This kid obviously needed help and as with anything done with an internet audience involved.. your going to get the full spectrum of responses. I personally dont care that the kid commited suicide, nor do i care that anyone goaded him into it.

    If i goad you into raming your car into another, i am not responsible for the damage, no.

    The parents should be blaming themselves, not the public. Yes, someone should have notified the parents.. but your talking about justin.tv... its on online website open to anyone. How do we know anyone knew the kid?

    People do strange things in front of web cams all the time... this isnt that far of a stretch. Looking at their TOS, suicide is not allowed.. but who follows the rules when they are going to kill themselves?

    As i said.. the only people who should feel responsible are the parents and the only person responsible is the kid. Its called suicide for a reason.

    At any rate.. my sympahties go to the parents for their loss.
    • Not Acceptable

      Morality has come down this low!
      Watching someone who is obviously sick kill himself without raising a finger, some even encouraging him ....
      Are Americans really what they claim to be, that they are a very developed people?
      • "Are Americans..."

        Don't know that there's anything in our culture that encourages people to cheer on suicides (I think it's criminal and I'm an American too) or how other countries compare. I think there is a minority that secretly believes that any sort of moral stand (except maybe against moralism itself) is a threat to human freedom (if enough people disapprove of something, they might outlaw it), but I don't think that's what's at play here either. Rather this is just plain boorishness by people who did nothing because they knew that they wouldn't be held to account.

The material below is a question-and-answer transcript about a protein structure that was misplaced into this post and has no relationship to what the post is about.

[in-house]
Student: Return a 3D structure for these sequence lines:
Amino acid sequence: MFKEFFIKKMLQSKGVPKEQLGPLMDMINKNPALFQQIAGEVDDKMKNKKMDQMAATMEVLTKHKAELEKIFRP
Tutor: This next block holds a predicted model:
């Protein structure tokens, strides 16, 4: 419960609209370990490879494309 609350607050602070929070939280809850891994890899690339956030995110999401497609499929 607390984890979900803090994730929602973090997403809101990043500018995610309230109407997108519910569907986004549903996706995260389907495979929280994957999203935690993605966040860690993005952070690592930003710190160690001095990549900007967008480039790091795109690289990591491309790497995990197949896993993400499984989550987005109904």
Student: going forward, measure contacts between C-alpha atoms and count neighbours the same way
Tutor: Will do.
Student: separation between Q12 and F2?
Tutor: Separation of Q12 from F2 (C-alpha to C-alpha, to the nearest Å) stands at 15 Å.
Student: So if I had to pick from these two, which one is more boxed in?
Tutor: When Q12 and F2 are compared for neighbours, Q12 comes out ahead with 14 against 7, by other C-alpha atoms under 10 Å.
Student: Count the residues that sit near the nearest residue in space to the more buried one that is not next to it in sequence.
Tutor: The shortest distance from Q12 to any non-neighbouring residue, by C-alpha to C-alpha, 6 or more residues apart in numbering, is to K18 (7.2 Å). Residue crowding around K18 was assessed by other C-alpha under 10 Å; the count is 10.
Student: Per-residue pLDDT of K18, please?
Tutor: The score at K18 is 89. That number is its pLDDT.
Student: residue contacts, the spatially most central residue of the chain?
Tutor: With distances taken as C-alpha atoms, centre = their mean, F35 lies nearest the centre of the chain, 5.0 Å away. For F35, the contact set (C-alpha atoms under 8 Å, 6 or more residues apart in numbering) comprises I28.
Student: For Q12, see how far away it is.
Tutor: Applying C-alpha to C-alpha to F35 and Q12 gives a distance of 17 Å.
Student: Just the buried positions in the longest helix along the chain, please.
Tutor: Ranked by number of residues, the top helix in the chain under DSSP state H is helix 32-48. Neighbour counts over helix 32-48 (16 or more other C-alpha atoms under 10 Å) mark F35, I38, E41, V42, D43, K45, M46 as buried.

It's been said before, but character is about what you do when nobody else is looking.
        John L. Ries
      • Obviously sick?

        Only in 20/20 hindsight. If you were watching someone on a webcam or reading what they wrote, just exactly HOW would YOU be able to tell the whole thing was not just some sick Internet hoax to get attention unless you happen to be psychic, telepathic or have a working crystal ball!?
        • 20/20 hindsight??

          20/20 hindsight is NOT necessary... tell me what ANYONE would have lost by DOING THE RIGHT THING... and not only GIVING him the attention he sought... but making sure that 12 hours DID NOT ELAPSE between his desperate cry FOR help... and it arriving too late... although suicide is against the law... not too many of those who are successful at it are punished... unless you take into account the fact that they forfeited their life... there is NO right and good reason for helping or cheering someone on to self-destruction... this is NOT reality TV.. this is REAL LIFE... and sadly.. this time it resulted in loss of life....
    • Not so sure about that

      Your sports team reference is not accurate to this situation at all. First of all, sports are not a crime, and second of all, there is nothing that you could do to assist in that case, thus you bear no responsibility whatsoever.